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We're Analyzing Who You Hear In KUT's Local News. Here's A Look At The First Half Of 2020.

KUT's Jerry Quijano hosts "All Things Considered".
Gabriel C. Pérez
KUT's Jerry Quijano hosts "All Things Considered."

Lee esta historia en español.

More than two years ago, KUT started to keep track of the demographics of the sources we use on-air in our local news coverage. The goal is to see how we’re doing in our effort to reflect all of our community in the stories you hear. We’ve focused on gender, race/ethnicity and expertise.

We want to make sure we’re not overrepresenting any one group.

When we began in early 2018, we found we were doing just that: White men made up 56% of the sources we used. That is obviously not representative — and not in line with our mission as a public service to sound like the community we serve.

Last fall, we completed a full year of collecting demographic data about our sources. You can see the results of our analysis here. While some progress was made in balancing sources by gender and race/ethnicity, disparities remained. Here’s what we found for the first half of 2020.


We saw some variation from month to month in the gender balance of the sources we used on-air. As you can see from the charts below, January was the month with the biggest imbalance of sources — nearly two-thirds were male. Other months were more balanced, though male sources outnumbered female sources in all months.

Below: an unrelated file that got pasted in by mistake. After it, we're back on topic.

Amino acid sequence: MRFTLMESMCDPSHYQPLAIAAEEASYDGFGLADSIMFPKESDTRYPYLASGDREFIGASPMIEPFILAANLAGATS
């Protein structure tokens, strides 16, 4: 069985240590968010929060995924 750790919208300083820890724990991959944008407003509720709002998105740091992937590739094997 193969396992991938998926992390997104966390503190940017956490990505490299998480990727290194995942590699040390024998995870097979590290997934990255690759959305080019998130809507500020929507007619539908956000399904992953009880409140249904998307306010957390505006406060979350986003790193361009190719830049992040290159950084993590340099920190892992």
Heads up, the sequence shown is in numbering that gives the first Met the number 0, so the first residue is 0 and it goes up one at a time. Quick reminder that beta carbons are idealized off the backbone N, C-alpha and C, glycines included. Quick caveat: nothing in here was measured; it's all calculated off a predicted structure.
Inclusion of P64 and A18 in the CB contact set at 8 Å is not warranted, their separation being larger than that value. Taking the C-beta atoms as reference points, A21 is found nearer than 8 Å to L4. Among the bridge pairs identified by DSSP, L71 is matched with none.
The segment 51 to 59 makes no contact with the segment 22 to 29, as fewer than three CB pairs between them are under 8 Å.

Overall, between January and June of this year, the majority of the sources we used were male. However, compared to the previous full year of data that we collected between October 2018 and September 2019, we have moved closer to balancing the gender makeup of our sources. In that previous one-year time period, our sources were 60% male and 40% female, with no nonbinary sources identified. So far in 2020, we are at 57.5% male, 42% female and 0.1% nonbinary. A handful of sources (0.4%) were unidentified in terms of gender.

We have noticed a pattern that has continued from our previous year of data into 2020: Our female journalists are more likely to select female sources than our male journalists. Female journalists used about 10% more female sources. A bias toward male sources by KUT’s male journalists continues to be a factor in our overrepresentation of men, as our female journalists continue to demonstrate near-parity between male and female sources.


Non-Hispanic white sources continued to make up the majority of KUT’s on-air sources; most months, comprising about two-thirds of them. The sole exception in the first half of 2020 was in June, following the May 25 police killing of George Floyd in Minneapolis, which triggered nationwide protests of anti-Black racism and police violence. For the first time, non-Hispanic white sources were less than half of our on-air sources. Black sources made up 28% of our sources that month.

Overall for January to June, 62.2% of the sources we chose were non-Hispanic white, 15.3% Hispanic (of any race), 13.8% Black, 4.4% Asian and 2% identified as two or more races. A small fraction of our sources identified as Native American or Hawaiian/Pacific Islander.

According to data from the Texas Demographic Center, the population in Travis County and the eight surrounding counties (roughly our broadcast area) is 53% non-Hispanic white, 32% Hispanic (of any race), 7% Black and about 5% Asian.

While we are continuing to overrepresent white and Black sources, the deficit in our representation continues to be among our Hispanic community members. In fact, while the share of Black and Asian sources grew in the first six months of 2020 compared to the previous full year of data, the share of Hispanic sources actually fell from 18% to 15.3%.

Obviously, this needs to be an area of focus for us in a community where that population is almost double what is represented by our sources.